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Heron River: A Novel
Heron River: A Novel
Hugh Cook
Mosaic Press, 2013
280 pp., $16.00

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James C. Dekker


The Real Thing

A Canadian story of darkness and grace.

You're a postwar Dutch immigrant and a lifelong member of the Christian Reformed Church. You also write stories. You know fiction does not always mix easily in your confessional tribe or the broader evangelical world. We like the facts, Ma'am, just the facts—which too often we confuse with the truth, the whole truth, and nothing but the truth. That could make your life difficult. Funny thing, though: your people tell stories too. Maybe they yearn for something "just the facts" can't always deliver.

So, you teach English for decades at Redeemer University College (Ancaster, Ontario). You absorb true stories from the immigrants and the wider Canadian world into which they have dived, prospered, and suffered. You discover an affinity between all those stories and the poetic and historic truth of the Christian faith whose people always need their storytellers, even if they don't always understand them.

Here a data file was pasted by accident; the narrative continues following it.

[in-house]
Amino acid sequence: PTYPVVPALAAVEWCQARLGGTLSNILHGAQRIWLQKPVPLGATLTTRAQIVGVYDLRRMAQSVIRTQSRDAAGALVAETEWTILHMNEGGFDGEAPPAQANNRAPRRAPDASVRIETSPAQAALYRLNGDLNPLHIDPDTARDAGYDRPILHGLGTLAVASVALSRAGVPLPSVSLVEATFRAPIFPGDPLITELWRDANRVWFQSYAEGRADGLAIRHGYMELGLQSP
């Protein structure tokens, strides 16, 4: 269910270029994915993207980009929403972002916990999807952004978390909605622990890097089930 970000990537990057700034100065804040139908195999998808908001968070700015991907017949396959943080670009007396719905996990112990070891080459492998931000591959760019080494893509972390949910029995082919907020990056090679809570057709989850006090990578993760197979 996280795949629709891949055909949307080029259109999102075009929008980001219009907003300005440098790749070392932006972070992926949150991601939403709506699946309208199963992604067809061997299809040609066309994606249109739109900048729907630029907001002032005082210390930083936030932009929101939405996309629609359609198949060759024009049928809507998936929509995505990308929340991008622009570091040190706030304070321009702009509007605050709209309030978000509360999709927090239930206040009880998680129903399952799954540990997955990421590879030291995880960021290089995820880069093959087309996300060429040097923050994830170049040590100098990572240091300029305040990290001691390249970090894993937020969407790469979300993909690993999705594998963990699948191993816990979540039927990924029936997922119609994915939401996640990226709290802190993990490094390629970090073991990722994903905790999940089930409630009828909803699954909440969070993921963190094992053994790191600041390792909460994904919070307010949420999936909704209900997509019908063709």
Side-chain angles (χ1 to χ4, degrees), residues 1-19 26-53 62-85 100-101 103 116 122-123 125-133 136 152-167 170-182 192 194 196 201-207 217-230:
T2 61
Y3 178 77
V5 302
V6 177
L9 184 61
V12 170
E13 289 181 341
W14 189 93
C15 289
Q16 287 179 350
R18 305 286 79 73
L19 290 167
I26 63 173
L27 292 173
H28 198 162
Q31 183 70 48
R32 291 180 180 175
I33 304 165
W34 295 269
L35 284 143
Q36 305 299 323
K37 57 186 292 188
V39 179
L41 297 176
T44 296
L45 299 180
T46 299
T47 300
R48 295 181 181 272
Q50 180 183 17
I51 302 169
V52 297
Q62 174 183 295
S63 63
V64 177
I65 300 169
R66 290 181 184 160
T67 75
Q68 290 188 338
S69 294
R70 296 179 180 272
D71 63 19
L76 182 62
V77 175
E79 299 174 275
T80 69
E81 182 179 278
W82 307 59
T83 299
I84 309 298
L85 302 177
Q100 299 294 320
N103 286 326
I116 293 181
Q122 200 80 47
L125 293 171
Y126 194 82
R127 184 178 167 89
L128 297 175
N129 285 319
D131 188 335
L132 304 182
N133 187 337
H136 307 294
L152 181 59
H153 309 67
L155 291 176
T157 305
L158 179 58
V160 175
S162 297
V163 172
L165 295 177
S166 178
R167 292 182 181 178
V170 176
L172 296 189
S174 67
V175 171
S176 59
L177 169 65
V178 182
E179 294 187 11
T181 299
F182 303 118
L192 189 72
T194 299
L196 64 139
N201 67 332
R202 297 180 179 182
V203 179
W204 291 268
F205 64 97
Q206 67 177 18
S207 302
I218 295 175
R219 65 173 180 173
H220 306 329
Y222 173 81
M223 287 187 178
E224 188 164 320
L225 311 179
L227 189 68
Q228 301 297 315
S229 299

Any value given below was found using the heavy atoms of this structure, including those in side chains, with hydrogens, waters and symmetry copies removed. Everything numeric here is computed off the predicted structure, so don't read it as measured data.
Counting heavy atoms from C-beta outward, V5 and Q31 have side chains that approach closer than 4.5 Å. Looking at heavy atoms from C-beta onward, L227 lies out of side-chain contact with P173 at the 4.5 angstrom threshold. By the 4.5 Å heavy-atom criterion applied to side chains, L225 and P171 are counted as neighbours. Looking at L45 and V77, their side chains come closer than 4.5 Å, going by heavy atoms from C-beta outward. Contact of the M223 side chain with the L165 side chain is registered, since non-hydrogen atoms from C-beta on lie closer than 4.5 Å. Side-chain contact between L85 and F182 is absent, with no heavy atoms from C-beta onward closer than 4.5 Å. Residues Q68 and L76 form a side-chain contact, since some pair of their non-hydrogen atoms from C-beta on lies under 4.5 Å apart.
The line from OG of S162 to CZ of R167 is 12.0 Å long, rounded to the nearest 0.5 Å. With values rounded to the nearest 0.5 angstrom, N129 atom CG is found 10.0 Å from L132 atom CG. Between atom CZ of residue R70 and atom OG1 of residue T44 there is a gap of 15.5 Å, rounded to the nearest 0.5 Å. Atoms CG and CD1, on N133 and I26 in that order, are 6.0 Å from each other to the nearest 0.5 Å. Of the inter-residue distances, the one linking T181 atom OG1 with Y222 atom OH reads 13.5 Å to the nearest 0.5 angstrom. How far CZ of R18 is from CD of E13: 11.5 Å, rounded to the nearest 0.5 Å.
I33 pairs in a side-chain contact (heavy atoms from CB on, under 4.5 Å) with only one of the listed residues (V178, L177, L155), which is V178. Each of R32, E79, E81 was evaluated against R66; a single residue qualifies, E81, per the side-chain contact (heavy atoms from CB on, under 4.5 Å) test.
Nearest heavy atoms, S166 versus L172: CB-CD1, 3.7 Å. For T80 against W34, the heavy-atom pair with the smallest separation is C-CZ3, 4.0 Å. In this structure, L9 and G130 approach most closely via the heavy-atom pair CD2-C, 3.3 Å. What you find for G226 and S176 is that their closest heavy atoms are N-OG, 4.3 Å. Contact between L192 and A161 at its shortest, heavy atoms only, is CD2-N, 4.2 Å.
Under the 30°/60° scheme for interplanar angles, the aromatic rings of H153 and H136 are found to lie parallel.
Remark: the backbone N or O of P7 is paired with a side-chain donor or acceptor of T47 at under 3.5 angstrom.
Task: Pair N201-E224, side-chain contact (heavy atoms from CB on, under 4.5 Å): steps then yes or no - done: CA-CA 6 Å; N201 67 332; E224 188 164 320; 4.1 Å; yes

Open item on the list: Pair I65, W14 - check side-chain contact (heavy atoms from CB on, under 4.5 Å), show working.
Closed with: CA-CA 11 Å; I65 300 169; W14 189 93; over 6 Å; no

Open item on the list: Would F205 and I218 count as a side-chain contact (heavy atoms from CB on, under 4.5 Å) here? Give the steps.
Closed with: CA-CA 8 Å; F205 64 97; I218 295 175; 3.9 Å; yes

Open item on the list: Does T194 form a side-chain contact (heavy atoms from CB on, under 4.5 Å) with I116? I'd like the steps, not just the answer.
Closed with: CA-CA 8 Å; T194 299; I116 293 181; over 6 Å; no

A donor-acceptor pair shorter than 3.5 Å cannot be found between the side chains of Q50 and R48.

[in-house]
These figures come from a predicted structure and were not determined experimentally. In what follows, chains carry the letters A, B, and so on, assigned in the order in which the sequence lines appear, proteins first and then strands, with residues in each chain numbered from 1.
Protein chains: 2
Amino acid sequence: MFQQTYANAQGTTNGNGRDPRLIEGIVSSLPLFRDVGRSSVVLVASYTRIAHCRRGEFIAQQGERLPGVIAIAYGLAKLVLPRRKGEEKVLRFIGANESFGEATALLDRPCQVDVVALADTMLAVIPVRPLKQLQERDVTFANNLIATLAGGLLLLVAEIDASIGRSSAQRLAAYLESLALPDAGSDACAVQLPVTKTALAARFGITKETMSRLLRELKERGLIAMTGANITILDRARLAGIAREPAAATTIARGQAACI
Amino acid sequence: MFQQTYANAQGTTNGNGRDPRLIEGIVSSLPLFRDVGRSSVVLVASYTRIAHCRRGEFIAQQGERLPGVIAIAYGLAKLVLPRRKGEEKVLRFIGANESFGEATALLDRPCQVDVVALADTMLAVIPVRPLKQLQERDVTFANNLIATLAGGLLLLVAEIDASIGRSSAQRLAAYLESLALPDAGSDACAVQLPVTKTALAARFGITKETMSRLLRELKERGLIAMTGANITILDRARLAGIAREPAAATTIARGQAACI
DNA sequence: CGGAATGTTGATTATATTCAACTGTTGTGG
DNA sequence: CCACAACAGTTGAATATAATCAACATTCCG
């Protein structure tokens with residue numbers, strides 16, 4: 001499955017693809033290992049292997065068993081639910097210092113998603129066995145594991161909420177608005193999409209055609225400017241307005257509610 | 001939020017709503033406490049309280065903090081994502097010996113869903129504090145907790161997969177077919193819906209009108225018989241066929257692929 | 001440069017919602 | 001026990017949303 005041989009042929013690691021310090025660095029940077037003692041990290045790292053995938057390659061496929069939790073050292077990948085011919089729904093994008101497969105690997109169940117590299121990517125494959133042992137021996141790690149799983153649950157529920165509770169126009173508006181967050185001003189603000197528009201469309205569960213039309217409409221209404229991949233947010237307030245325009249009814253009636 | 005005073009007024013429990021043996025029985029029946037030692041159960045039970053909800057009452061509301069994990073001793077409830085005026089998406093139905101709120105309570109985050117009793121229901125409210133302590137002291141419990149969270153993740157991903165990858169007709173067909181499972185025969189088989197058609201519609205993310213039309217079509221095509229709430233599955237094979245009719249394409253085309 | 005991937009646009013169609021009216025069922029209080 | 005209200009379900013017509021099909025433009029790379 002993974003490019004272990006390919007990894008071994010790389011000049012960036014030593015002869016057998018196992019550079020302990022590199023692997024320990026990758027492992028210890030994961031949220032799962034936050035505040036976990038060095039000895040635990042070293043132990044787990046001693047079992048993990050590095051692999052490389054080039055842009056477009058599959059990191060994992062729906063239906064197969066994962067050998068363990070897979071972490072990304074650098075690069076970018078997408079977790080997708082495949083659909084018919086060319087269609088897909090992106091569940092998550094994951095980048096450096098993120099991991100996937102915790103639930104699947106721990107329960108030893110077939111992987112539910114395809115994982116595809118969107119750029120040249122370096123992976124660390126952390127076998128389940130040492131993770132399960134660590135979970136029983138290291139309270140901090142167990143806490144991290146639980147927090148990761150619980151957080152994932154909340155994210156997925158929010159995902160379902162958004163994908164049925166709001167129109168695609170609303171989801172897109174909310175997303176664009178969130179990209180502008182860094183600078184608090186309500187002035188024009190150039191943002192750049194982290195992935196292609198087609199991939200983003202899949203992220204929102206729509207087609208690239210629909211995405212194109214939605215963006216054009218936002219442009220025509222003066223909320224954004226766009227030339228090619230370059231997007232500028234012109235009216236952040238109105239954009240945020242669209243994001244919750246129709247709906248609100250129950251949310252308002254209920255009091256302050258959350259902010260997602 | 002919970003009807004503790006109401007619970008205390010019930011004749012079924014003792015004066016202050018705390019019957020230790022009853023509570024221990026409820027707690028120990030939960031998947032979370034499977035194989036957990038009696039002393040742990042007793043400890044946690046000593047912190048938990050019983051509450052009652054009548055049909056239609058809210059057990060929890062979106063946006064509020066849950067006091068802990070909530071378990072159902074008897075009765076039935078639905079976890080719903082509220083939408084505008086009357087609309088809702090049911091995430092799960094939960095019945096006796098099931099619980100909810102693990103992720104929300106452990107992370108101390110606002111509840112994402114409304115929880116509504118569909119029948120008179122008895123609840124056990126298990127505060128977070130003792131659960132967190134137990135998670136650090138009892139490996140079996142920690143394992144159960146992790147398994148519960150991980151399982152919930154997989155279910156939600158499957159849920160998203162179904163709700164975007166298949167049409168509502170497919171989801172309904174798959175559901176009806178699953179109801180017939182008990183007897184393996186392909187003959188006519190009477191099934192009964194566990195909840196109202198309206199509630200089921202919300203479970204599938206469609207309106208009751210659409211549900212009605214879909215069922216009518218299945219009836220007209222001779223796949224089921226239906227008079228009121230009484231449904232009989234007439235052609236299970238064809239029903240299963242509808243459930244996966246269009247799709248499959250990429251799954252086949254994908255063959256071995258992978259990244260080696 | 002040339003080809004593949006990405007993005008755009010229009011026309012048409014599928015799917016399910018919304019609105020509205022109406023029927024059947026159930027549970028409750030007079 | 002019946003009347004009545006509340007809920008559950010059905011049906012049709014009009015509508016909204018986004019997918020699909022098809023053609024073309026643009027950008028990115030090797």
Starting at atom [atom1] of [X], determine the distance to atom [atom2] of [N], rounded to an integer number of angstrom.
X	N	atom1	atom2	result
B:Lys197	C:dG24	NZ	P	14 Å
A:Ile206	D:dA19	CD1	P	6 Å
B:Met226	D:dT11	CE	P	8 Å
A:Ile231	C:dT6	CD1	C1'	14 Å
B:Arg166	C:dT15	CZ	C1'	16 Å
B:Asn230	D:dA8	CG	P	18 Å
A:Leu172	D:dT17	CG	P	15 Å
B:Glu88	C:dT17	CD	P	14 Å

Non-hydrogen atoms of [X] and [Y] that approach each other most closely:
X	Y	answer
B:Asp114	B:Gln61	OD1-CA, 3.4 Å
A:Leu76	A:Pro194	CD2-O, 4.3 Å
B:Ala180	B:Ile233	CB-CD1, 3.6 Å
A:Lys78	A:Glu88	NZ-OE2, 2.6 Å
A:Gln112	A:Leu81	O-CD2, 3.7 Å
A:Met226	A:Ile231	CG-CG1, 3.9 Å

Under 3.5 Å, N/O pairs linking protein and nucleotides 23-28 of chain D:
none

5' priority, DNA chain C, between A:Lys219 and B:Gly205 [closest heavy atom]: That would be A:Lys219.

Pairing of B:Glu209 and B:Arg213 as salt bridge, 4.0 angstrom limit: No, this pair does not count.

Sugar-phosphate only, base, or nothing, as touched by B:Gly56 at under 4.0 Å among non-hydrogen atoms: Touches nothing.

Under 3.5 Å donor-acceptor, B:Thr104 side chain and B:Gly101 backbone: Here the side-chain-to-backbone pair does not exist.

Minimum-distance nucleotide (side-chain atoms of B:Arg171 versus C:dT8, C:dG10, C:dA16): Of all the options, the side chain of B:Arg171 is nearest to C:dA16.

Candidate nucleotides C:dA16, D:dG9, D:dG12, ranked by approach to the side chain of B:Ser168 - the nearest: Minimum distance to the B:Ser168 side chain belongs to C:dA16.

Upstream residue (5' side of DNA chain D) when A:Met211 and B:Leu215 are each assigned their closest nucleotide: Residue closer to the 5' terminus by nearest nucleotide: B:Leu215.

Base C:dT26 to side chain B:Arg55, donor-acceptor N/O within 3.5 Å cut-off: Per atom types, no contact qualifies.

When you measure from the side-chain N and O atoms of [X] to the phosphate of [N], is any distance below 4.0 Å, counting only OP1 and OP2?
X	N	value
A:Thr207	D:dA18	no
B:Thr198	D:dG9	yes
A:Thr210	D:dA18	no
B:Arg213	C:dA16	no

All the while, you keep writing with a saint's dogged perseverance. Your precision, your unerring eye for place and faultless ear for conversation coalesce into two collections of short stories and two novels since 1985. A steadily growing readership hangs on every word, every character, every unpredictable slip, shift, and drift in the unfolding tales.

In the early 1980s, you publish Cracked Wheat. Those stories tease community foibles while re-framing moral choices made by Canada's newcomers. In one memorable story, a college student—was that maybe you?—drives a Lower Mainland British Columbia summer bread route for college tuition. He manages to veer away from sexual temptation along the way. Old values count in a new land.

Over the years, your eye, ear, and imagination sharpen. In Homecoming Man, you draw an aging, ill, war-surviving widower. Turned secretive and morose, he suffers mutely. His doctrinaire piety is often a dry well that can't lave his memory's festering horror and guilt. His son, hoping to reclaim home after broken ventures in fast-lane North ...

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